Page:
By Sangmi Cha and Josh Smith SEOUL (Reuters) – South Korea eased some of its strictest social distancing rules for businesses on Monday, but kept limits on private gatherings as authorities prepared to unveil plans for the roll out of the first coronavirus vaccines later this month. The decision comes after a subdued Lunar New […]
South Korea eases coronavirus curbs, to announce vaccine plan
By Sangmi Cha and Josh Smith
SEOUL (Reuters) – South Korea eased some of its strictest social distancing rules for businesses on Monday, but kept limits on private gatherings as authorities prepared to unveil plans for the roll out of the first coronavirus vaccines later this month.
The decision comes after a subdued Lunar New Year holiday last week. Daily coronavirus infections rebounded to above 400 ahead of the break, but have dropped since then with the Korea Disease Control and Prevention Agency (KDCA) reporting 344 new infections as of midnight Sunday.
The country is planning to start its vaccination programme from Feb. 26, details of which are due to be announced by the head of the KDCA later in the day. Healthcare workers and older residents will be among the first to be vaccinated.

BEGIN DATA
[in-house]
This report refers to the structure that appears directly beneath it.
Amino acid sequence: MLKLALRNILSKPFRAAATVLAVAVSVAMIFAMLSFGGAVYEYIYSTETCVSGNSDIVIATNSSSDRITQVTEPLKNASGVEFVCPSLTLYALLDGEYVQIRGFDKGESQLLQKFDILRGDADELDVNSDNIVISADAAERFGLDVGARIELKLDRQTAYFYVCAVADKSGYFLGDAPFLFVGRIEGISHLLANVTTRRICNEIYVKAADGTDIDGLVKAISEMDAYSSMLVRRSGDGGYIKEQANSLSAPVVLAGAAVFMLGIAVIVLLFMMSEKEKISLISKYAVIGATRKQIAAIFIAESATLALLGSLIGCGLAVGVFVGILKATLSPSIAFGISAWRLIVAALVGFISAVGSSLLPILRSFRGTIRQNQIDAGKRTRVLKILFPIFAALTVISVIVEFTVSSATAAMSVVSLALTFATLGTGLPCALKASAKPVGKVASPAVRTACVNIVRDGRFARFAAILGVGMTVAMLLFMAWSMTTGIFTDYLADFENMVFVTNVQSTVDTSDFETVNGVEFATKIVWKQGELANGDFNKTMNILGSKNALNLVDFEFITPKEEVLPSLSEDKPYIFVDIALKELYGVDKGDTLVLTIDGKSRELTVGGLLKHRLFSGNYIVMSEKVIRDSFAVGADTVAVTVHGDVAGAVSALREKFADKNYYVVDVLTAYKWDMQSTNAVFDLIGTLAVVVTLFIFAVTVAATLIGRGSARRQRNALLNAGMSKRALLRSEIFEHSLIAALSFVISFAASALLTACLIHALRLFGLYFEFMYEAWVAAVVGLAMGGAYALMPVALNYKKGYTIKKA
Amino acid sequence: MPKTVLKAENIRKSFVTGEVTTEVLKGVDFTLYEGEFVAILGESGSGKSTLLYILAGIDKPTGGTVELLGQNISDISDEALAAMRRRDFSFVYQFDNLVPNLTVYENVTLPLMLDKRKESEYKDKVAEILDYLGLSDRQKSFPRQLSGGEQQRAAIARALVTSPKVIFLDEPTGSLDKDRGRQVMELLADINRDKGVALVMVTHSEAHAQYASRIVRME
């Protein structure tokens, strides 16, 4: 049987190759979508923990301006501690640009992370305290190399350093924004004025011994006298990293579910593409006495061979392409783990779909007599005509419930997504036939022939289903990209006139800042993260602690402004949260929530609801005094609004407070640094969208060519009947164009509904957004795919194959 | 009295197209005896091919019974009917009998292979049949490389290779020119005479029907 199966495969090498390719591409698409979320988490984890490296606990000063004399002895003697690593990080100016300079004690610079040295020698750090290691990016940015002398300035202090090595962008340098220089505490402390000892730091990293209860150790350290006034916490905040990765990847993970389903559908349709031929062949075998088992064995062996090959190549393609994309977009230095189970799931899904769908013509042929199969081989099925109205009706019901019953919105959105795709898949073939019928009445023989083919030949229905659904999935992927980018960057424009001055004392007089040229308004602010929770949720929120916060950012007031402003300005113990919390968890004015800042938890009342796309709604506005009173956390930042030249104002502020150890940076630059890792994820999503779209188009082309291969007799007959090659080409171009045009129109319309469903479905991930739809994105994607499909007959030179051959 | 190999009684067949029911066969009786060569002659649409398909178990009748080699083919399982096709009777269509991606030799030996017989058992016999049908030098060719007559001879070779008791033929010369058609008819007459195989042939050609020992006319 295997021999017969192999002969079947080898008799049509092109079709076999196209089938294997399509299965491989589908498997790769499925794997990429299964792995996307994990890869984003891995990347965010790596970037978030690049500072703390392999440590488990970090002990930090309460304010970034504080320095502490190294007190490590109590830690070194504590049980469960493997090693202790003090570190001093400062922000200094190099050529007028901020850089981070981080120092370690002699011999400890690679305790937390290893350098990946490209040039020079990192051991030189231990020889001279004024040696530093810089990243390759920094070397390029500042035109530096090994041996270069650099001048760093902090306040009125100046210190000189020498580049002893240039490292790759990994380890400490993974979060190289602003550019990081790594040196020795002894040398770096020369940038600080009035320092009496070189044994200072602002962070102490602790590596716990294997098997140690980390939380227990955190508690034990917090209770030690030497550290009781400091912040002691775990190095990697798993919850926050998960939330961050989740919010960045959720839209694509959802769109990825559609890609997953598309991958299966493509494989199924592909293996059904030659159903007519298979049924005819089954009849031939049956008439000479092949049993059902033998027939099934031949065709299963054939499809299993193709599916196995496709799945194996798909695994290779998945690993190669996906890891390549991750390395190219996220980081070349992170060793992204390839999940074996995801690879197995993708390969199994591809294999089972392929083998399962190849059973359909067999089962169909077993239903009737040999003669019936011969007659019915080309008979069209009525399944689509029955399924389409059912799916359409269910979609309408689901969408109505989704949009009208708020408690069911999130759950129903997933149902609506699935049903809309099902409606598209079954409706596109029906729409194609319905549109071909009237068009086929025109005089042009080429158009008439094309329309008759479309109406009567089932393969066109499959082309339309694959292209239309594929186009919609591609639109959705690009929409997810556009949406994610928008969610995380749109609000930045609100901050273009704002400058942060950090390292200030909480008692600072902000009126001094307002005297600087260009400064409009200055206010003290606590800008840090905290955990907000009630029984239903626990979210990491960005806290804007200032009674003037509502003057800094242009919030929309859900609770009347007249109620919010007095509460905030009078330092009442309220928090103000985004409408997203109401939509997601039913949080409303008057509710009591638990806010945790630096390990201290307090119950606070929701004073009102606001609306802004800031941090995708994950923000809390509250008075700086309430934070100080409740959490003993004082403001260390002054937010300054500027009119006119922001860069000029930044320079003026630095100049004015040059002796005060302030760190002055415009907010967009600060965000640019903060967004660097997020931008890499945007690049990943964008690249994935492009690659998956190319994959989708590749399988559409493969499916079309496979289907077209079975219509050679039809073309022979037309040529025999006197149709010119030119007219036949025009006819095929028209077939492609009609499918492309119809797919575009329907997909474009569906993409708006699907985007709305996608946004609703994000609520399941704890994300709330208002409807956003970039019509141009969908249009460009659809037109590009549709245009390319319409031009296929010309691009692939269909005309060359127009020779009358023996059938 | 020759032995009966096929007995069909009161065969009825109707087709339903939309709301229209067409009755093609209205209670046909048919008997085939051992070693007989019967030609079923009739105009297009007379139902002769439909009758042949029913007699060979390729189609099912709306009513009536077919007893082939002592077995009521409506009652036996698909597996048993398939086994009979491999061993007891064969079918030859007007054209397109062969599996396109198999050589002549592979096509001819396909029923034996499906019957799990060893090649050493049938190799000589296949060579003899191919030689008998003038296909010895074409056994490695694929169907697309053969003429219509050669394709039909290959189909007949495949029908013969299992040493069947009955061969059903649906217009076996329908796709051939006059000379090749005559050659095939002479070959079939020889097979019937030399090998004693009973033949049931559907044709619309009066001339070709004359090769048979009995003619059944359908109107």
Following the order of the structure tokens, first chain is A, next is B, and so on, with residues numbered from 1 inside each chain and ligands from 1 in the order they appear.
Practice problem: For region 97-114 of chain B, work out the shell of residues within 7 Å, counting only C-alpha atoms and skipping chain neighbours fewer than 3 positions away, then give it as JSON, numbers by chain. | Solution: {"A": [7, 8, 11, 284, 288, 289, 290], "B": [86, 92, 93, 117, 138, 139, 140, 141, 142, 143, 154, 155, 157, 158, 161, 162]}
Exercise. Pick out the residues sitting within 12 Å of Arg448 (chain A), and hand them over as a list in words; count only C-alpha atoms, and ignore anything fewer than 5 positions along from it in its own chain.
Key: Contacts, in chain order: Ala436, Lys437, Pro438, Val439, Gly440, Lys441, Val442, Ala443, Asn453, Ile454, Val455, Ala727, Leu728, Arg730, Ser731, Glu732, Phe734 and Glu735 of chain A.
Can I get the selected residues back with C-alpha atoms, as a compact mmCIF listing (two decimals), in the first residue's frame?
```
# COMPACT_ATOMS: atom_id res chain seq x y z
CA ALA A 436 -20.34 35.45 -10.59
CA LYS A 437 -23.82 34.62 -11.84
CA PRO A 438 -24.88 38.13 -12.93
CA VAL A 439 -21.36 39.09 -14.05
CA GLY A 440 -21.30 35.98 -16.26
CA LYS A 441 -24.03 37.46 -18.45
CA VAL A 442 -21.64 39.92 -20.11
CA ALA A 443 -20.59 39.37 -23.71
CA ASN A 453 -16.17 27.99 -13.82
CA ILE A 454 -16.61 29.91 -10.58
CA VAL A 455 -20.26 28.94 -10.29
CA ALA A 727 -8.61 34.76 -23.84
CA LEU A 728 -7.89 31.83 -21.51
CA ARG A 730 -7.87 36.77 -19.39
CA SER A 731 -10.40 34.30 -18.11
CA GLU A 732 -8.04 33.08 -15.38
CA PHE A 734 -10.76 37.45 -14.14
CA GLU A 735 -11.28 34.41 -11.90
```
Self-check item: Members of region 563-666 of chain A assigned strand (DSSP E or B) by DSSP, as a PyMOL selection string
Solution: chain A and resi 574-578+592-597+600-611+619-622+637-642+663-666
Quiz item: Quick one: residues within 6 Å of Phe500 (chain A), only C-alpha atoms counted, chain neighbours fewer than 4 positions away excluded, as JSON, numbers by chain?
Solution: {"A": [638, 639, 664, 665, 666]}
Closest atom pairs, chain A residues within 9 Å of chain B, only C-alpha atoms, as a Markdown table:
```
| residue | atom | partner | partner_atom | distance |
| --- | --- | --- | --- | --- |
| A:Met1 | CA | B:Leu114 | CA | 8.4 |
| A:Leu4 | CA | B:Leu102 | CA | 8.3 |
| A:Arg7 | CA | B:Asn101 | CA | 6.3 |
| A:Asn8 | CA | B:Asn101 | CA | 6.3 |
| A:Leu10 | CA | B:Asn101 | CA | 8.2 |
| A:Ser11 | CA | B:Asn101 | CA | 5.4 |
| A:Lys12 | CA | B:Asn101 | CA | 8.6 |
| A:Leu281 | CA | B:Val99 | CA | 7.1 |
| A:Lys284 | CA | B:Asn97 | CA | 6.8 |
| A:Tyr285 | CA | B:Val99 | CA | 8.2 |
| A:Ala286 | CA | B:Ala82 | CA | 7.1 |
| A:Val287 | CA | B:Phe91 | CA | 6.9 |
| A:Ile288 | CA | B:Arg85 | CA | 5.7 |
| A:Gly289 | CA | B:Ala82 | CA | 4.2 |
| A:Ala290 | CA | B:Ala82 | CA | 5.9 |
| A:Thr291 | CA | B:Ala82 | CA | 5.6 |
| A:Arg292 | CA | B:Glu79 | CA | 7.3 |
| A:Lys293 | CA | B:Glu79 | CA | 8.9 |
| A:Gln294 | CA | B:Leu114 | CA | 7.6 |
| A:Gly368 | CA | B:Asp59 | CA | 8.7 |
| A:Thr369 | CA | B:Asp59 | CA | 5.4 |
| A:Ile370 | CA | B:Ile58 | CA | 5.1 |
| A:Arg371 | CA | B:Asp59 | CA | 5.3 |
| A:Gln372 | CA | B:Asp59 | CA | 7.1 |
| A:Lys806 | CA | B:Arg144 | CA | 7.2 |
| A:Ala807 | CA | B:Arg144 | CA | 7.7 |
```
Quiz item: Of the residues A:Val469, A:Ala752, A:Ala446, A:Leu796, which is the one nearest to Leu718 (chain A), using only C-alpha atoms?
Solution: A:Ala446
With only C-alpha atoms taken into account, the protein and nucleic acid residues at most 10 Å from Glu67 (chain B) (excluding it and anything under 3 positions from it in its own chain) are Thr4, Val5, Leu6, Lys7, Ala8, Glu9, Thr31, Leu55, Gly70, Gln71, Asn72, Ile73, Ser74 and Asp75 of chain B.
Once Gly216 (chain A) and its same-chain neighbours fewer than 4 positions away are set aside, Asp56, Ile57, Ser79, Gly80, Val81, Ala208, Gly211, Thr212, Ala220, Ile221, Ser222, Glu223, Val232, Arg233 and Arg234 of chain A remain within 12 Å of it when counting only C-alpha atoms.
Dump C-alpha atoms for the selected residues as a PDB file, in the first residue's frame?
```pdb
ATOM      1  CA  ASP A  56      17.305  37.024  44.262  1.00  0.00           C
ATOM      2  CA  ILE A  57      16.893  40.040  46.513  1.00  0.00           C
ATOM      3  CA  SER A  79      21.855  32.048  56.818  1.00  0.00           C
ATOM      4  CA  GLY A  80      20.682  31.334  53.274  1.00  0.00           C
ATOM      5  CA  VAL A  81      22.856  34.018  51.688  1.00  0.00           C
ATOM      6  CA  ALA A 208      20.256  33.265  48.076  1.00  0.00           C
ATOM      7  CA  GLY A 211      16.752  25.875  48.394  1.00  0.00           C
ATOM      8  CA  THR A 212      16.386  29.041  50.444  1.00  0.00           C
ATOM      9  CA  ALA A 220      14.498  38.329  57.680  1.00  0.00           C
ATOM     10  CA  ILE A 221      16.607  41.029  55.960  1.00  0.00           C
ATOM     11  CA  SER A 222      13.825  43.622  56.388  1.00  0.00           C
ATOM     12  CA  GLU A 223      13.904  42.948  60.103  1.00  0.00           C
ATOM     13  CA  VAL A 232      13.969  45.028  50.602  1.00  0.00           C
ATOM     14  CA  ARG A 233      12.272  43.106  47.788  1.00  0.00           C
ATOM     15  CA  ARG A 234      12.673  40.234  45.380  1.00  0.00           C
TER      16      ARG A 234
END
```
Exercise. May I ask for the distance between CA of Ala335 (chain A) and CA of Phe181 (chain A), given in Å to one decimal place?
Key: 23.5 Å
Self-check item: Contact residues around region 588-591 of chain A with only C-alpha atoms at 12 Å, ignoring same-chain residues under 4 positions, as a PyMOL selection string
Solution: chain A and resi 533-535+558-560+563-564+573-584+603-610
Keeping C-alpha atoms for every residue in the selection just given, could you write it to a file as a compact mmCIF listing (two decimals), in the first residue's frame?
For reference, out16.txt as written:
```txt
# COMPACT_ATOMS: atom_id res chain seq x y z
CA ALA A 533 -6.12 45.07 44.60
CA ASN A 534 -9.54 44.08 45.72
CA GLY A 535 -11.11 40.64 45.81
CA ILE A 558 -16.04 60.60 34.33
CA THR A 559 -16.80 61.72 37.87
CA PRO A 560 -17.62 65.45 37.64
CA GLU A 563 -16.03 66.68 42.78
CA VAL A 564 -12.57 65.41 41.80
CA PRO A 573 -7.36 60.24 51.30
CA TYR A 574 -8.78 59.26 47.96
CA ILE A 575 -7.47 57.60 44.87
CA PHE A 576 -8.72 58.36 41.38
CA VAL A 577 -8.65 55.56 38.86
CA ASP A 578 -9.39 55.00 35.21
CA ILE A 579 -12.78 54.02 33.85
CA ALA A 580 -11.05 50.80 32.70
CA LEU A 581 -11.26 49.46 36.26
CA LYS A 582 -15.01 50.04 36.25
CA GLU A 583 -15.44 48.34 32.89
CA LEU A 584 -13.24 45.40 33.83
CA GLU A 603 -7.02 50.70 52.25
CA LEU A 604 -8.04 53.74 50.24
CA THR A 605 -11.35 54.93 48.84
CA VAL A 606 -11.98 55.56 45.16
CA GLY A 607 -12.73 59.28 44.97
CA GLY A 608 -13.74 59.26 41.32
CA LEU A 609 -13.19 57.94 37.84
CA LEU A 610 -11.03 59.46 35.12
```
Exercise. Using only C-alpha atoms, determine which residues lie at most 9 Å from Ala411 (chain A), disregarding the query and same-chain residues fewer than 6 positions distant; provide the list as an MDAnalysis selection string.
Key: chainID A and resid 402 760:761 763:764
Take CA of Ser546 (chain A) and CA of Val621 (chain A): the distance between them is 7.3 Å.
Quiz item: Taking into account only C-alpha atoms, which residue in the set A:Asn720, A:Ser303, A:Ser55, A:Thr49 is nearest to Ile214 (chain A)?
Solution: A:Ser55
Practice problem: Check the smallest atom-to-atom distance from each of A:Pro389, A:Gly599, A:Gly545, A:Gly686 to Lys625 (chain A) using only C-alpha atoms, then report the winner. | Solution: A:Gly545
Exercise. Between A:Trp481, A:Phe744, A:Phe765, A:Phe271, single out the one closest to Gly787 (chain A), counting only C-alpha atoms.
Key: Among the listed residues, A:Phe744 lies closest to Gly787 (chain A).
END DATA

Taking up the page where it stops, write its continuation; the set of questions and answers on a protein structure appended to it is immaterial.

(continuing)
Health Minister Kwon Deok-cheol, however, urged caution as infection clusters continue to plague the densely populated capital of Seoul and neighbouring areas.
“There is always a concern of transmission from movements during the Lunar New Year holiday,” he told a government meeting. “But if we lower our guards amid easier social distancing measures, infections will rise again.”
Nearly 80% of the new cases reported over the holiday were in the Seoul area, highlighting the continued threat, he added.
Some restrictions have been eased in the greater Seoul area, effective Monday.
A 9 p.m. curfew for restaurants and cafes has been pushed to 10 p.m., while bars and nightclubs have been allowed to reopen, but with a 10 p.m. curfew and limited number of patrons.
Curfews have been removed for cinemas, internet cafes, “cram schools”, theme parks, large supermarkets, and hair salons.
Outside of the greater Seoul area, there are now no curfews on businesses, while attendance limits have been eased for churches and sports events.
Private gatherings of more than four people are still banned across the country.
The country had reported a total of 83,869 COVID-19 infections as of Sunday, with 1,527 deaths.
(Reporting by Sangmi Cha and Josh Smith; Editing by Himani Sarkar)